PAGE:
This post originally posted on Eilish Neely’s blog, Brown Girl Doing Werk, #WerkingWednesdays series
This post is in collaboration with “Show Your Love,” a Preconception Health program in which I am an Ambassador. SYL is a project of The National Preconception Health and Health Care and The University o North Carolina at Chapel Hill.
Feeling a bit of Deja Vu as I begin to type. If I have said this before please charge it to my passion. Whenever I saw the meme suggesting that self care is more than bubble baths I would get really annoyed. Originally my disagreement stemmed from what I felt as a necessary requirement for Black and Brown people to accept rest and pampering as a way to self preserve. Why do we not normalize naps, breaks, etc. I have watched members of my own family tackle each day as a list of chores and never really indulging in activities that would make them happy. I knew that I did not want this for myself so yes give, me the bubblelyest (made that up) bath as I splurge on a seamless order.
As I have grown I’ve realized the importance of not only taking breaks, but balancing my budget, making payments on time and keeping up with health check-ups. All of these actions all fall under the self-care umbrella and need to be tended to just as much as we tend to our plants or uphold our intermittent fasting schedules. Every aspect of us is important and add up to the grand scheme of who we are, our beliefs that shape our world and yes even our health outcomes. Energetically speaking we open ourselves us to help whom ever we call on spiritually to see that we listen to their prompts that rain down on us during prayer or dreaming. In listening and acting many believe we allow room to receive more. In the physical world if we try our best to take care of “home” (ourselves) we are able to have enough energy, determination and self-confidence to go after the life we want and deserve. Self-care has levels to it that supersedes what we eat, what workout we opt for or a luxury purchase.
Something that I would like to propose as an addition to the robust self-care inventory is learning how to support those around us. This goes far beyond just showing up for birthdays and baby showers. Let us take a closer look at our closest family members and friends. Are they suffering from a chronic condition or an eating disorder? Are they a victim of abuse or suffered a loss? This week Social Media Maven Hayet Rida shared with followers her bouts with Bulima. It was honest and raw and allowed us to learn learn more about her personal struggles (social media personalities are humans too!). She did an amazing job equipping her online community with actionable steps to truly embody the word support of a loved one in need. In her story slides she posted prompts suggesting what to say and not say to someone who is going through that particular life obstacle. She also tagged orgs that cater to those impacted by eating disorders for additional reading.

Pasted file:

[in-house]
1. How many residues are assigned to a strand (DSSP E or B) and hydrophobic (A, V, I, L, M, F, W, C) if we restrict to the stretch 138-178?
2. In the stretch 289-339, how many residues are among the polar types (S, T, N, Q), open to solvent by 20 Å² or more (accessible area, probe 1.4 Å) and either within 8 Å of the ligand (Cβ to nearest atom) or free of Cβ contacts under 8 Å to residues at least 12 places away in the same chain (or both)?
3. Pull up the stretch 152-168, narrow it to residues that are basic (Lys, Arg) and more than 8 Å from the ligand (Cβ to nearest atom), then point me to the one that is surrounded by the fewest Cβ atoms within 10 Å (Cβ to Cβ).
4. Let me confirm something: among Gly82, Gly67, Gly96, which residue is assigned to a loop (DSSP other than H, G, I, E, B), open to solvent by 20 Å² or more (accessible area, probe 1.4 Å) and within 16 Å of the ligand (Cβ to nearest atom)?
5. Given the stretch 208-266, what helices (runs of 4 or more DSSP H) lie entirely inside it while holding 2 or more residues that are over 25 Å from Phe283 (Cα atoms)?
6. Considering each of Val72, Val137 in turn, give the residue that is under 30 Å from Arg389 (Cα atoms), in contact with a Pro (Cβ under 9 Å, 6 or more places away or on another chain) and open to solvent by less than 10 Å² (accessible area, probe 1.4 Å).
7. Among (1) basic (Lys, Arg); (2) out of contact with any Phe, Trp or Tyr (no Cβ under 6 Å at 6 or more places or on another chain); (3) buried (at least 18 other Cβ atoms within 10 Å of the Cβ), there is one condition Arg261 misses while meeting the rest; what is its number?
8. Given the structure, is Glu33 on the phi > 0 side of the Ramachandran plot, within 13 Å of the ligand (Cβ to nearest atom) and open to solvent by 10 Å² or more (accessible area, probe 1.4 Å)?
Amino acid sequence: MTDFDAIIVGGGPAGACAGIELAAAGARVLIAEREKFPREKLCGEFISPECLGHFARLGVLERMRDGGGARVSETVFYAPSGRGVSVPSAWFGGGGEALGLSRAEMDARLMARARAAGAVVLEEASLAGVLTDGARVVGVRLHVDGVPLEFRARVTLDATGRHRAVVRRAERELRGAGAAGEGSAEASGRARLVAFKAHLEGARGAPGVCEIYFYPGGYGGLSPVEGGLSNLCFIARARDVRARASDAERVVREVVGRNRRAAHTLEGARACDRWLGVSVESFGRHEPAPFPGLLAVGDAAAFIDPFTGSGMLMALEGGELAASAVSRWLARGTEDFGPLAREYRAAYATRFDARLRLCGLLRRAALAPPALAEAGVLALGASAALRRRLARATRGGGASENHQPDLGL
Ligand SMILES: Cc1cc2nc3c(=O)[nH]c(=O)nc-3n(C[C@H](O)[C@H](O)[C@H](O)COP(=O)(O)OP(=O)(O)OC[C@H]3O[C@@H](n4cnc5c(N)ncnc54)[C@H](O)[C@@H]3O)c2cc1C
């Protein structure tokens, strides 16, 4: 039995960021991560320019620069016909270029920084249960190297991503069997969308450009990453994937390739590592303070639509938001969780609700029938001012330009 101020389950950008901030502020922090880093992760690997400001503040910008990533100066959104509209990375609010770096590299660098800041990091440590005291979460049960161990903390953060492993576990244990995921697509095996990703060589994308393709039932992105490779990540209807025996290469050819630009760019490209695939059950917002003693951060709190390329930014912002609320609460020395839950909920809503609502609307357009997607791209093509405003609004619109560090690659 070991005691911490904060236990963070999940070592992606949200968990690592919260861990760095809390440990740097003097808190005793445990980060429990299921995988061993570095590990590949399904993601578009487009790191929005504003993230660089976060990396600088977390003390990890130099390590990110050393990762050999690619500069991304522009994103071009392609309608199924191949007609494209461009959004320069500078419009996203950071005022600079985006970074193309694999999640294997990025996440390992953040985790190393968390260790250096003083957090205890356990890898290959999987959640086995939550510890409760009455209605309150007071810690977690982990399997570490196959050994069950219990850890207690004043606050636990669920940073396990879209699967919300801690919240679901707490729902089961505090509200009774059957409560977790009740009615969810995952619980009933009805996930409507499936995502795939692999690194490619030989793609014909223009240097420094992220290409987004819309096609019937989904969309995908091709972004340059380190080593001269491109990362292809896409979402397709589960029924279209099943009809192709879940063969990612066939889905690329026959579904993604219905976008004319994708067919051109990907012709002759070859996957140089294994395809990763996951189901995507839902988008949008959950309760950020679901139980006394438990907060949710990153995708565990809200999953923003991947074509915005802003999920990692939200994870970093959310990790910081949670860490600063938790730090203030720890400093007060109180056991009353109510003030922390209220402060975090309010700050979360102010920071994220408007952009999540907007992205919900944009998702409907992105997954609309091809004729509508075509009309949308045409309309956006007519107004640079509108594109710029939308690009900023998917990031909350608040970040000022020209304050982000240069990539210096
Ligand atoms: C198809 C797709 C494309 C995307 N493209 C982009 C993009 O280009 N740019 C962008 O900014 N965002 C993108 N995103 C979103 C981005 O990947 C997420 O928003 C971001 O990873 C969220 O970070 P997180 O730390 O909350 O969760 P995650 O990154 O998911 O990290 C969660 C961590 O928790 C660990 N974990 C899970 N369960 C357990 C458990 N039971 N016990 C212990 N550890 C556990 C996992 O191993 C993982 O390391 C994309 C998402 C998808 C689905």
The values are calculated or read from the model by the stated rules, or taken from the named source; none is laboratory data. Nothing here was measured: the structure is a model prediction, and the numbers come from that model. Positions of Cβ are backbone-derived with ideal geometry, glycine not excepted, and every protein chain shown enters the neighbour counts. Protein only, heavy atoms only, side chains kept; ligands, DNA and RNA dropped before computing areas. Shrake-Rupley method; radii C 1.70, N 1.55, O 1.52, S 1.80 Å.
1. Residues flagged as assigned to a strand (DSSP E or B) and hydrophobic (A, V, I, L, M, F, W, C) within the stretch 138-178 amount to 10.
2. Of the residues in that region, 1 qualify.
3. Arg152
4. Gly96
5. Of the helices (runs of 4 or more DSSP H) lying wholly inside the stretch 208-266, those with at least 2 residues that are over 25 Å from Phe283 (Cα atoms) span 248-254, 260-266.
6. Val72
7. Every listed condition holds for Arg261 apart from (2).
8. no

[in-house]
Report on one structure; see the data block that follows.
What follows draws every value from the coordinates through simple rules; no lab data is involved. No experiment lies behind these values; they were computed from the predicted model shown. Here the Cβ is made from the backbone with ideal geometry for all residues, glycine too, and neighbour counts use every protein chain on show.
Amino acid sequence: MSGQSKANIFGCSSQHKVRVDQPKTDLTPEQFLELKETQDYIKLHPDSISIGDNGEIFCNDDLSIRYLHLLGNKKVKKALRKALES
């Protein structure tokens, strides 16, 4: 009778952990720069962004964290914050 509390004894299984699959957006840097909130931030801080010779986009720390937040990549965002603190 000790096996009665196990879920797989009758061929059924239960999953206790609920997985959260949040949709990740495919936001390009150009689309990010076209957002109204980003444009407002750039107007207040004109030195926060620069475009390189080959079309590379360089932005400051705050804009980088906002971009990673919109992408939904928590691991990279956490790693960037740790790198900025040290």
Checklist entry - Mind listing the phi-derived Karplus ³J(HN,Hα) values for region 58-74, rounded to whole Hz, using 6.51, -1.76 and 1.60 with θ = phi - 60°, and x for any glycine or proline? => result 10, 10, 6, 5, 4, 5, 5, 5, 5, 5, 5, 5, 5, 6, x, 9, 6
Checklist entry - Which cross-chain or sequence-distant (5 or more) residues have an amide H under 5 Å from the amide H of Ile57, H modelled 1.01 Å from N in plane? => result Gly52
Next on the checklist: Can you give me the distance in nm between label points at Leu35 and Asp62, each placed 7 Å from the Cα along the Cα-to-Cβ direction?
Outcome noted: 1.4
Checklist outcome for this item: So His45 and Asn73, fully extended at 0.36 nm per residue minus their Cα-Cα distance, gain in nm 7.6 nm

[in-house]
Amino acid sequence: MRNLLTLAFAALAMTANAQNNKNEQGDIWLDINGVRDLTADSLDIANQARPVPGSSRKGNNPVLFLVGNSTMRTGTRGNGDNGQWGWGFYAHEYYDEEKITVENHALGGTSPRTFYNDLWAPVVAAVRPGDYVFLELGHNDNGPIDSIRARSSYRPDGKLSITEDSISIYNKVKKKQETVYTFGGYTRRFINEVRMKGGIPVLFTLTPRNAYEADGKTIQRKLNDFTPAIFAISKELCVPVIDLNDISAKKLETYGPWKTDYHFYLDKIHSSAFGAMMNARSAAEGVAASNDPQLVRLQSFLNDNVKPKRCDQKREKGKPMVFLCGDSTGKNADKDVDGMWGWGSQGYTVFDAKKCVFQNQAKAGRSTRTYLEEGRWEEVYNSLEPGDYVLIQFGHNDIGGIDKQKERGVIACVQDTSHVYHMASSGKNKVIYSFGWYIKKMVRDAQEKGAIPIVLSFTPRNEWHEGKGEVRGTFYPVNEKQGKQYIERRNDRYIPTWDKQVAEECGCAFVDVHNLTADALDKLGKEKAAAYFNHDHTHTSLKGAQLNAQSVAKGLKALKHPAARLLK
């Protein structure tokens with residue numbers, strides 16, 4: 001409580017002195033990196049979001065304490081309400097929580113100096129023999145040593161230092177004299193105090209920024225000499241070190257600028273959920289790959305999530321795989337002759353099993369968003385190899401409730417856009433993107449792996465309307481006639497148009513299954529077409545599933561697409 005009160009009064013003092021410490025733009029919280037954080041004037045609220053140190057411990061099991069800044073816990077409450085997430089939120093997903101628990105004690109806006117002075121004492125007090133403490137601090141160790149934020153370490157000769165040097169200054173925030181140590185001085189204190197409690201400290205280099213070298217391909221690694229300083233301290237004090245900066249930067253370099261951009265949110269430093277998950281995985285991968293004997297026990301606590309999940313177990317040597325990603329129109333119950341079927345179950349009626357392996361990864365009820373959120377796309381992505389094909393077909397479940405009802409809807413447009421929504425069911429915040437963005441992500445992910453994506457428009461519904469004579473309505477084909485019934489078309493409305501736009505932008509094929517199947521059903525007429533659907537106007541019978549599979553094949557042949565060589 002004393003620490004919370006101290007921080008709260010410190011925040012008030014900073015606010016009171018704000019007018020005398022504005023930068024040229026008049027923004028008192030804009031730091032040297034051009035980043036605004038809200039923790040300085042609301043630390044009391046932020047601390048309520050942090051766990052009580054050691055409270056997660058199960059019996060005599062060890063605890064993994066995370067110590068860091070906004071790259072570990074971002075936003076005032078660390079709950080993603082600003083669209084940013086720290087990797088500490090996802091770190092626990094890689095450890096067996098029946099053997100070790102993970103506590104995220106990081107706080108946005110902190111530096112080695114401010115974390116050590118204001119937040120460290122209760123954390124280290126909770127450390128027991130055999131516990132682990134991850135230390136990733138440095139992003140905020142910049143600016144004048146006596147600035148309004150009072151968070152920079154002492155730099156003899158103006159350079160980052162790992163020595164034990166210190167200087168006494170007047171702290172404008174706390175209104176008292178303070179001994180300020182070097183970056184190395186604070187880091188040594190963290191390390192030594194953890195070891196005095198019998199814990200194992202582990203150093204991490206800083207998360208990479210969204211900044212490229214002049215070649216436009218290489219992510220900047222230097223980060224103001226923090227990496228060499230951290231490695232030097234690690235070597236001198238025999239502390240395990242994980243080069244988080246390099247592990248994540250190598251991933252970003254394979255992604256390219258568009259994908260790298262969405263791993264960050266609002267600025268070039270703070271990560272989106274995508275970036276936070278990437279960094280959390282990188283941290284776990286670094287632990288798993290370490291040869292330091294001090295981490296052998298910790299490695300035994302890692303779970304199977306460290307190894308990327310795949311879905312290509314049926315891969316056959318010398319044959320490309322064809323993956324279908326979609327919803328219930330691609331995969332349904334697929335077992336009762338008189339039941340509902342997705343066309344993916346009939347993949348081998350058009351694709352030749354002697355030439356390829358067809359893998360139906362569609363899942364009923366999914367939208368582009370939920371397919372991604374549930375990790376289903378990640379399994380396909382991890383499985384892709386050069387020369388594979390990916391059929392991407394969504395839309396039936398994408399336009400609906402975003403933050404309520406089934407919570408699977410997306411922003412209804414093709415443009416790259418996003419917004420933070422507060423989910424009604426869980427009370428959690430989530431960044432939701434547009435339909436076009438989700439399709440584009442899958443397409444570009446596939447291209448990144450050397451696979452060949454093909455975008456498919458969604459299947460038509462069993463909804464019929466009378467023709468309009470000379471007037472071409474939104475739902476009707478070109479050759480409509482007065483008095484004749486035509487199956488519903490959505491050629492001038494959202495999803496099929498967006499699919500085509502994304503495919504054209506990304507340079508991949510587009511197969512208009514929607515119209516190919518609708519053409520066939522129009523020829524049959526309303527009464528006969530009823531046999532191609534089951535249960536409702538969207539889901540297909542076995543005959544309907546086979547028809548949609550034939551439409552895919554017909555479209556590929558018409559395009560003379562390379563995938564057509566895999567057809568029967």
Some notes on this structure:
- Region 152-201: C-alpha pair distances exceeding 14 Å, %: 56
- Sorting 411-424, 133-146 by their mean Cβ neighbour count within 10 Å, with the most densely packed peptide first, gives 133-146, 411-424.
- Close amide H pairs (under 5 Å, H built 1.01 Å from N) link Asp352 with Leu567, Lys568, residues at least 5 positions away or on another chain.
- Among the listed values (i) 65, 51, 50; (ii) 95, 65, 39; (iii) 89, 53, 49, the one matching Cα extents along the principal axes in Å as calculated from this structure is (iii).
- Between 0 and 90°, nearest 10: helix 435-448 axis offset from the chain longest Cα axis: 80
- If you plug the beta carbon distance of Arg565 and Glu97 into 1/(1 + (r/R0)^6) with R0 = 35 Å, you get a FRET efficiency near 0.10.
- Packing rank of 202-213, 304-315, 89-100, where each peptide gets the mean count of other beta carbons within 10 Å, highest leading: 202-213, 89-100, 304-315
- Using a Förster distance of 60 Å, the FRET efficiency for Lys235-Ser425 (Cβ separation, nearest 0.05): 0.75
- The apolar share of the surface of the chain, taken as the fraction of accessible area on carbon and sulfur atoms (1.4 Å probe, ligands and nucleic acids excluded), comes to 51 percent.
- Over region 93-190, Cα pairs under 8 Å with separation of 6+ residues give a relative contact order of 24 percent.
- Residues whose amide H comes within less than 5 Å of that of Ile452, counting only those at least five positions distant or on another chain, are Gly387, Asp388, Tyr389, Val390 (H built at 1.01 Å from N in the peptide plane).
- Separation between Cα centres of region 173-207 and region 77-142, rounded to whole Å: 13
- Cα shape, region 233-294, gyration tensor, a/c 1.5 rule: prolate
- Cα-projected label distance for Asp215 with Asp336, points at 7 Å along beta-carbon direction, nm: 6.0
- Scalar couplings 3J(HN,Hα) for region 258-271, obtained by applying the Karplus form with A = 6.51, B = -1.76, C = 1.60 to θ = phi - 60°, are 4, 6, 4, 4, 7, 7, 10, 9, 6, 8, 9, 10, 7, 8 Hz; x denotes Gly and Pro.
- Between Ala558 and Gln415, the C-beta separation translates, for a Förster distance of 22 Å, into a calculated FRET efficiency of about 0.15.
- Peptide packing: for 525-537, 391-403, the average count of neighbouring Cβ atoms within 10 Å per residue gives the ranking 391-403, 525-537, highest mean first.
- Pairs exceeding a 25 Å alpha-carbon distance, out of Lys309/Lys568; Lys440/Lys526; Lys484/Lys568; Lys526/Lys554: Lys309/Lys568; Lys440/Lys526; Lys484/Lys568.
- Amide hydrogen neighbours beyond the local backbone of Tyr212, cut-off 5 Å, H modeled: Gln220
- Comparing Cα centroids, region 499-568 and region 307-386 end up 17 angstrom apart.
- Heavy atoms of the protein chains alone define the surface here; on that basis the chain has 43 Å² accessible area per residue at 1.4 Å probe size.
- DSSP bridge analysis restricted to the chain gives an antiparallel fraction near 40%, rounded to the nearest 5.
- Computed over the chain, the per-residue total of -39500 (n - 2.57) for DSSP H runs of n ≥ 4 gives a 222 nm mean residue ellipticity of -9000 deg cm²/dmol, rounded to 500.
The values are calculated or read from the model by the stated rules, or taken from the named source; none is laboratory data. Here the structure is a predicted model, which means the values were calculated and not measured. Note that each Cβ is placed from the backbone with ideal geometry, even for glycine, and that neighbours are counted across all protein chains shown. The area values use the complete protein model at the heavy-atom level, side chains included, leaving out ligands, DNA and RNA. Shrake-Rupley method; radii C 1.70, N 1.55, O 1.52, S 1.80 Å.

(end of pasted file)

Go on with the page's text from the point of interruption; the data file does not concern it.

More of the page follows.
A few weeks back, my curious mind led me to look up how to care for a person who suffers from debilitating migraines. When I say care it’s more than just sending them soup but, understanding shifts in mood due to pain, how to not take things personally and most important how to understand basically how my loved one is silently attacked. Reading that NYU write up completely changed not only my perspective but my care methods. I wish I had to insight earlier as a child of two cancer survivors, friends with people of varied chronic conditions of the mind and body. Recently I reached out to a friend who lost a parent due to COVID-19. Honestly what can you really say right? But there are tools online that help you curate your language and discover other ways you can offer assistance. Just saying “let me know if you need anything” although many of us say it is not so helpful. I’ve struggled with this so long but now I will just educate myself more. A simple google search does wonders. My suggestion if someone super close to you is going through it health wise try reading up on their conditions and see if there are any online communities for caregivers/loved ones to learn tips. Everyone will benefit. Just a suggestion not a requirement.
Examples of places to look:
Caring For + Loving a person with Depression.
Caring For + Loving a person with an Eating Disorder.
Caring For + Loving someone who is dealing with Domestic Violence.
Caring For + Loving someone experiencing a Loss.
Photo Credits: Cotton Bro, Prexel and Nappy Co.
CLICK TO READ ORIGINAL POST BY EILISH.